The “pay to get my kid into the college of my choice even if the kid isn’t qualified” folks don’t. Their message to their kids is, “Whatever you might be capable of on your own isn’t good enough, and you need me to step in so that you can have success as I define it.” Ouch.

Maybe it sounds cruel to a modern parent, but the phrase, “No, I won’t play with you right now, go find something to do, without technology,” can be a loving response to your child. Let kids explore and use their imaginations, and they will discover worlds that aren’t found in any app. Stop trying to fix everything for them, they will be okay as long as you let them fail from time to time. Being uncomfortable in the short run can have great benefits in the long run. And parenting isn’t instant. You have to have patience.


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I Feel Like a Failure

After four successful challenges, which I’m still completing each week, I’ve hit upon the one that broke me. Exercise. UGH. I just don’t LIKE it. I’m too BUSY. I can’t possibly do it ALONE. Does it even really MATTER? Do I HAVE to?

In a nutshell:mistake-oops1

1. Too bad.

2. No I’m not.

3. Yes I can.

4. Yes it does.

5. Yes I do.

I JUST DON’T LIKE IT

This statement is only partially true. I don’t like the idea of having to exercise, but once I get going I actually don’t mind it all that much. There are lots of types of exercise that this body isn’t built for, but I don’t have to do those. I have a bellydance DVD that I enjoy (although it’s murder on the shoulders, but I modify) and I can certainly take a walk in the park. I also have gorgeous pink boxing gloves that are gathering dust. Just putting those on makes me want to get up and move (and maybe jab at something too, just saying). And when the weather gets warmer, I’ll be in the water walking my laps, my favorite exercise of all. So no, I’m not going to be doing burpees or running marathons, but I don’t have to. I just have to move.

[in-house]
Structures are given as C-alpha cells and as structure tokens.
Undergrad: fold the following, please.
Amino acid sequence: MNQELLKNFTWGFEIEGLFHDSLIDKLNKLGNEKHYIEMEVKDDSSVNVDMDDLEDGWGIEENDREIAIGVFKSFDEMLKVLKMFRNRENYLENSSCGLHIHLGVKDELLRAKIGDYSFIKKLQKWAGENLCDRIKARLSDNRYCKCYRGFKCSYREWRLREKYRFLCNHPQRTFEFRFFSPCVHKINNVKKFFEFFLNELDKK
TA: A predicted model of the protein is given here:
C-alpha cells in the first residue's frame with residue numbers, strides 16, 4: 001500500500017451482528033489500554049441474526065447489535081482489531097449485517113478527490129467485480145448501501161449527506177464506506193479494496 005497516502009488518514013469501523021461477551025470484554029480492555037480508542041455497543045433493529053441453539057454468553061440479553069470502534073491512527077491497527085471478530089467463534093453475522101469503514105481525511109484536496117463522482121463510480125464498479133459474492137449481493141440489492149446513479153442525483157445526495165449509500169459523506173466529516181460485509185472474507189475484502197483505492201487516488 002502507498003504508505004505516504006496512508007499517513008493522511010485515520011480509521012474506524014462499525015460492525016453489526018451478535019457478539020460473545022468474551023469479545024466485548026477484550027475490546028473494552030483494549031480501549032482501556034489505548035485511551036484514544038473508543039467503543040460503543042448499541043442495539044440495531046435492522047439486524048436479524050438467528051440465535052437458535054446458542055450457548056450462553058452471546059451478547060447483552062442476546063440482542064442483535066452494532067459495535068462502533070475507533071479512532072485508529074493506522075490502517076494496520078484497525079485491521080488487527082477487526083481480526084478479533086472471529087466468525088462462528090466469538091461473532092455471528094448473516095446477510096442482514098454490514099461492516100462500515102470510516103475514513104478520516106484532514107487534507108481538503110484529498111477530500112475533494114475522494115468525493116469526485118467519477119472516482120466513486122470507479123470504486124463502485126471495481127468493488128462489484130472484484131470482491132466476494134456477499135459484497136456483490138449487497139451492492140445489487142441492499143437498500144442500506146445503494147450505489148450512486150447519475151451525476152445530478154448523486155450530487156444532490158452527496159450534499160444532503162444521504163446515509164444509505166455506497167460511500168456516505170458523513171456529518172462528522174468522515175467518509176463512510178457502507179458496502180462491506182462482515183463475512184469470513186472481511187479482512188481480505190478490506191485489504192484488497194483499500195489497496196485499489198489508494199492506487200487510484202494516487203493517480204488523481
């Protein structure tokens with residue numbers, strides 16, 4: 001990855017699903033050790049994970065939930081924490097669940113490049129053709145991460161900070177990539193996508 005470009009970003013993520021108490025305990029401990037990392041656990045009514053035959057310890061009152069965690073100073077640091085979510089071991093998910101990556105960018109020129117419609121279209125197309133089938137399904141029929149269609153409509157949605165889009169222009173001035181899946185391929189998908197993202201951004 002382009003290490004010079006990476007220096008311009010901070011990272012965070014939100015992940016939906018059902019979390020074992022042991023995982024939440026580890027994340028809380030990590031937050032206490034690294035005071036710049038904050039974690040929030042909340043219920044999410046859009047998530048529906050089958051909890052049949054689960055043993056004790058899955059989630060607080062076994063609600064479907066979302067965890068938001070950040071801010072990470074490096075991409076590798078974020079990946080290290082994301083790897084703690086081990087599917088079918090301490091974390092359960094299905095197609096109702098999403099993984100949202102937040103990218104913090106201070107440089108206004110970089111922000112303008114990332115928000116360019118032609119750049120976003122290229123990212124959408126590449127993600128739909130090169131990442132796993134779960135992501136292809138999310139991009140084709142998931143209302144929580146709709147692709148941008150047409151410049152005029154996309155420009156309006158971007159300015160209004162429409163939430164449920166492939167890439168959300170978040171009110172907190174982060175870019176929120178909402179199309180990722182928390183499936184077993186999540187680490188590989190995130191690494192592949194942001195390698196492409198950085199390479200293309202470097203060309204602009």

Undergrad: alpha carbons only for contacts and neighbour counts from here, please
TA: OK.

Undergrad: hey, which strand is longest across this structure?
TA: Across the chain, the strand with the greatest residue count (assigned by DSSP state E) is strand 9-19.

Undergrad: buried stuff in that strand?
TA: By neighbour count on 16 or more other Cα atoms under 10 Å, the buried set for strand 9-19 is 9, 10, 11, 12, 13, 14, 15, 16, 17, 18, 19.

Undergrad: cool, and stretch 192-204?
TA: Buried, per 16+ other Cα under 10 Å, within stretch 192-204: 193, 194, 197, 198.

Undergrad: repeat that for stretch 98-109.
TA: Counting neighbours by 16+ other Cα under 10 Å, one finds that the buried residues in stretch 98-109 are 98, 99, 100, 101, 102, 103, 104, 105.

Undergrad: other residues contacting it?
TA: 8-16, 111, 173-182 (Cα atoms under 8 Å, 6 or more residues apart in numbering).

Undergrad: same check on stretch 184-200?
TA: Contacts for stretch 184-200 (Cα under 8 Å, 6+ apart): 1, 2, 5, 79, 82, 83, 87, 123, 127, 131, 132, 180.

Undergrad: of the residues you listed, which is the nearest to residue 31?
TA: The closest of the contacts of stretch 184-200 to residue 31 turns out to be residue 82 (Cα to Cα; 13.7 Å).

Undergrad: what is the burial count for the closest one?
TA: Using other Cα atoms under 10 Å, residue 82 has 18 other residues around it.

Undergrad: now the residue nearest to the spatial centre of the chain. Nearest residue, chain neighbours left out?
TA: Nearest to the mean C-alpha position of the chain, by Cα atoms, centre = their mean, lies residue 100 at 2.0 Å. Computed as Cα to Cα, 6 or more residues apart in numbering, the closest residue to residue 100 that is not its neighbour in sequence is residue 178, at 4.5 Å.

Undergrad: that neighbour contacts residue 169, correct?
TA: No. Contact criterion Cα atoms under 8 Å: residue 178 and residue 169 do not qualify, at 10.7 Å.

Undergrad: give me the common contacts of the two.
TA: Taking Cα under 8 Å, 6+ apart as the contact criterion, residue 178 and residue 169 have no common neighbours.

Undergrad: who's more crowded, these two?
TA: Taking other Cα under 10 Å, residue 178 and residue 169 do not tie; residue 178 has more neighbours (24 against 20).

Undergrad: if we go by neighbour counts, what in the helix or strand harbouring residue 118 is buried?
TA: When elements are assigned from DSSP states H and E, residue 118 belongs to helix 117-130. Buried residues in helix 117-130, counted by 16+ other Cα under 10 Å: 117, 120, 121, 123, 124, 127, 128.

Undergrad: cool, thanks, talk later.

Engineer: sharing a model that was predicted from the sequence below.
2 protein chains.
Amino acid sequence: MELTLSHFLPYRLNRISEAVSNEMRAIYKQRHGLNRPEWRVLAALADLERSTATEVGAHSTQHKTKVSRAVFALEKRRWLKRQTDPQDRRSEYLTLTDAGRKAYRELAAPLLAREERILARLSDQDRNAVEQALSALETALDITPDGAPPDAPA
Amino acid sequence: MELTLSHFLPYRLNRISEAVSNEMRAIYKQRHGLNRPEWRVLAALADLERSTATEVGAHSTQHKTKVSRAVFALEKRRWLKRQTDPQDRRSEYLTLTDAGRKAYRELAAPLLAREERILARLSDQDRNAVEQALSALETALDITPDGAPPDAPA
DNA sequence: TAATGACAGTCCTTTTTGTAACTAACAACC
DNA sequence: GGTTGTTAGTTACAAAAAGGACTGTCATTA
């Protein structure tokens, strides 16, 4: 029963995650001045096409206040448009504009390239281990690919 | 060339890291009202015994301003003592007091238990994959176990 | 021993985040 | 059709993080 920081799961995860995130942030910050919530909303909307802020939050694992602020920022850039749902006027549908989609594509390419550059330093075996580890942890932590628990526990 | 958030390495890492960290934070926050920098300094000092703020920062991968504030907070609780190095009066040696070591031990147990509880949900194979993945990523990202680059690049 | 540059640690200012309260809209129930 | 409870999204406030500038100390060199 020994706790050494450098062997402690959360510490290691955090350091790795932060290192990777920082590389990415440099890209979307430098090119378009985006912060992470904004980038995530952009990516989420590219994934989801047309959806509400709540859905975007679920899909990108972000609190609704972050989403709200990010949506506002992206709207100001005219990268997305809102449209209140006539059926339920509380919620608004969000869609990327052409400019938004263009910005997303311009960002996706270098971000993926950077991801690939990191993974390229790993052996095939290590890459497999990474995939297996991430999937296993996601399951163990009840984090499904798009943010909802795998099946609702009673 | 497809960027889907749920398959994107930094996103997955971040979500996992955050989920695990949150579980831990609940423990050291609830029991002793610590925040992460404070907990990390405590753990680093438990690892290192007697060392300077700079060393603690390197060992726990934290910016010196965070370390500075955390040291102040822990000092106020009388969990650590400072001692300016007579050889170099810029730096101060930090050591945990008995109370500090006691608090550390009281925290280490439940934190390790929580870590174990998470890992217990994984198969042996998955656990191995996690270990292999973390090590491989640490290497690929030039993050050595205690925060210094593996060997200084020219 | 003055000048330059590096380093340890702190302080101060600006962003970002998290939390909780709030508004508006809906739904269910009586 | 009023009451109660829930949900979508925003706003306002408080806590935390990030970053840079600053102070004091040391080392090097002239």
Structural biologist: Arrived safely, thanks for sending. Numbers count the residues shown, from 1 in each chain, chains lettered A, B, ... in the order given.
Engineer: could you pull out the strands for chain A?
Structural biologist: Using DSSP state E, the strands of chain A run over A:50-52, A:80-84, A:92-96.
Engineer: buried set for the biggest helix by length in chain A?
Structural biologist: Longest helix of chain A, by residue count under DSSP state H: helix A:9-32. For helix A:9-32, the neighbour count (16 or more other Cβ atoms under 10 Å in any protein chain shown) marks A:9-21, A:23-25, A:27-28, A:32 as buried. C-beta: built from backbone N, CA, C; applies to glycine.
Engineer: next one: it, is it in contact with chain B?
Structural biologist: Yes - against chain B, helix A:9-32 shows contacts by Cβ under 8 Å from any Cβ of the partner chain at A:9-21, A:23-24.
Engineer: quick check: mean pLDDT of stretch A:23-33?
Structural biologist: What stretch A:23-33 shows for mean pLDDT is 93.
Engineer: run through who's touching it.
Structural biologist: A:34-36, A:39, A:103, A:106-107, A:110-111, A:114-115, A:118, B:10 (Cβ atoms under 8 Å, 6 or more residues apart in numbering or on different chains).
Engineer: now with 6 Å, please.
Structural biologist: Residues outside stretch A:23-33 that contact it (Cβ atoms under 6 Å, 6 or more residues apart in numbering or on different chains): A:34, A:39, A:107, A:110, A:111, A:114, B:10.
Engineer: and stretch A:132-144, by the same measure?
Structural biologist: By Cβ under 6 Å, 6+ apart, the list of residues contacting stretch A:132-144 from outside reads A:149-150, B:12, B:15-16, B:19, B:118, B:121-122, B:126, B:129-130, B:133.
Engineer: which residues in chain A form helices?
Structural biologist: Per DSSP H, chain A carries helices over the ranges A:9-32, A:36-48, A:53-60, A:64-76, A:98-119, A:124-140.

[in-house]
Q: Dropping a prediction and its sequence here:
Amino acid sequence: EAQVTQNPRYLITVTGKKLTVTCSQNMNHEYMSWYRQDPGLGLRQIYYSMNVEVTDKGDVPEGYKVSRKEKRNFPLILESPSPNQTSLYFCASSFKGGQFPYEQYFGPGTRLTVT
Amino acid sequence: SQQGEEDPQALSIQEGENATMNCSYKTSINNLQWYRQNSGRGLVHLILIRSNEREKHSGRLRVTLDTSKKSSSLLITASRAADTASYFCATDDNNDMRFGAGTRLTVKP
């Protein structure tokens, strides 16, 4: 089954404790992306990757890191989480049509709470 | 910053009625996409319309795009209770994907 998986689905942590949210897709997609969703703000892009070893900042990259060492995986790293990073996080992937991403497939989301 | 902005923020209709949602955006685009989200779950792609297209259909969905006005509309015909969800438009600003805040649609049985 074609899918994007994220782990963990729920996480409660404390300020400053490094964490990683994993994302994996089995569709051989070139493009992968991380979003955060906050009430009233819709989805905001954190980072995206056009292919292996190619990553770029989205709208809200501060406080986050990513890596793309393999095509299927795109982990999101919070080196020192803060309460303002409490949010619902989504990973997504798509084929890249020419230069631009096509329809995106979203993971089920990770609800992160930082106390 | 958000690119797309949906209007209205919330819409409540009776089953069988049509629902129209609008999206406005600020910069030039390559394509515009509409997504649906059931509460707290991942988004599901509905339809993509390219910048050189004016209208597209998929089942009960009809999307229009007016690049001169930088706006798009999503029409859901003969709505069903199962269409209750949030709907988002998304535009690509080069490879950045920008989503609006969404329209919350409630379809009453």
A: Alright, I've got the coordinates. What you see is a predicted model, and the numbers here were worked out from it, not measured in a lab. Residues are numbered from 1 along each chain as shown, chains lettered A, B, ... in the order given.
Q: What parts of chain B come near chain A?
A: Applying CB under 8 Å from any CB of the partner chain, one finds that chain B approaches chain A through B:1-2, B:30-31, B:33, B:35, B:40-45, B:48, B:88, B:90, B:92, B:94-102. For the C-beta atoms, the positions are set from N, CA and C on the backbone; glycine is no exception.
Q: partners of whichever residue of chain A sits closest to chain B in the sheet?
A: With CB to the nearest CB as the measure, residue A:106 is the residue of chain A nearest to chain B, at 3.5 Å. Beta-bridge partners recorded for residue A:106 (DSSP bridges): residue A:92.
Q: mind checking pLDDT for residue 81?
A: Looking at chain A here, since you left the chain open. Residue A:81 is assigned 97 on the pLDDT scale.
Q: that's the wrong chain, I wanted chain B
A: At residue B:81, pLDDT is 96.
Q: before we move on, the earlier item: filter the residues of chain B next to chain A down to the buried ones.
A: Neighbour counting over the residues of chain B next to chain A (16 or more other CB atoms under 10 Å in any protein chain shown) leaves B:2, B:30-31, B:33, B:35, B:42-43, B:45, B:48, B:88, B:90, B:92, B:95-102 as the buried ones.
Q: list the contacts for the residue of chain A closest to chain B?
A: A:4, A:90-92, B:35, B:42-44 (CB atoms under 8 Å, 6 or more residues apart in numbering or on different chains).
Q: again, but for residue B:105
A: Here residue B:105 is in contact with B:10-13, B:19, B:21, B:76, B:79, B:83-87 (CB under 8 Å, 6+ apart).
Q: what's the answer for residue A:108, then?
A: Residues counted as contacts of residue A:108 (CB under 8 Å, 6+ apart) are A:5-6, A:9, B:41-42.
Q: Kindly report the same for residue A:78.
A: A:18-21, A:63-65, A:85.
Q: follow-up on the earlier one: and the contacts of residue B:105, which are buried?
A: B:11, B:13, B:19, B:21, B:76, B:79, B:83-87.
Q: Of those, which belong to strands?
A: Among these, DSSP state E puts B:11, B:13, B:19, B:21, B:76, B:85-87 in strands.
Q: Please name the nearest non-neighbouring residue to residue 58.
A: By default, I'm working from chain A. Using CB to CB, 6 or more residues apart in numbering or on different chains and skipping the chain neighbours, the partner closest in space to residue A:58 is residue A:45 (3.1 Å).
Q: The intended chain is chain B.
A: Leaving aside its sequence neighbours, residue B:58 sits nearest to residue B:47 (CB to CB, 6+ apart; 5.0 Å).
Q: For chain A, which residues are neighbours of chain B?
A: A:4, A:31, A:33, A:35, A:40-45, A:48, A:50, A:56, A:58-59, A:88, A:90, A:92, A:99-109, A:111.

I’M TOO BUSY

As if I’m the only person in the world with a full-time job and a family. I could be exercising now, but I’m sitting comfortably on my well cushioned backside instead. I live directly across the street from a lovely park. As in walk to the end of the driveway, look both ways, and cross. It’s RIGHT THERE! A walk around it is about a mile. People walk it all the time. I see them from my house. As far as I can tell the only difference between me and them is that they actually took the time to get to the park, and most of them probably don’t live directly across from it. I can walk after school. I can walk all weekend. No, I’m not like my wonderful colleagues who wake during the dead of night to exercise, but there are certainly enough waking hours for me to find at least twenty minutes to spare. My brain knows this, but my lazy body is in denial.

I CAN’T POSSIBLY DO IT ALONE

This one is really a double lie. First of all, yes, I can. Even if it’s too cold out or too scary out or too anything out, I have a treadmill. It’s in the house. It’s plugged in. It works. I know how to operate it. It doesn’t take two people to get on a treadmill and walk. In fact that would be a problem. It’s hard enough to walk on it with the dog. It’s actually her treadmill and sometimes she wants to join in when I’m on it. I let her once, but I was so concerned with our safety that I didn’t stay on for long. Now we take turns. Although in reality, she gets about ten turns for each one I take.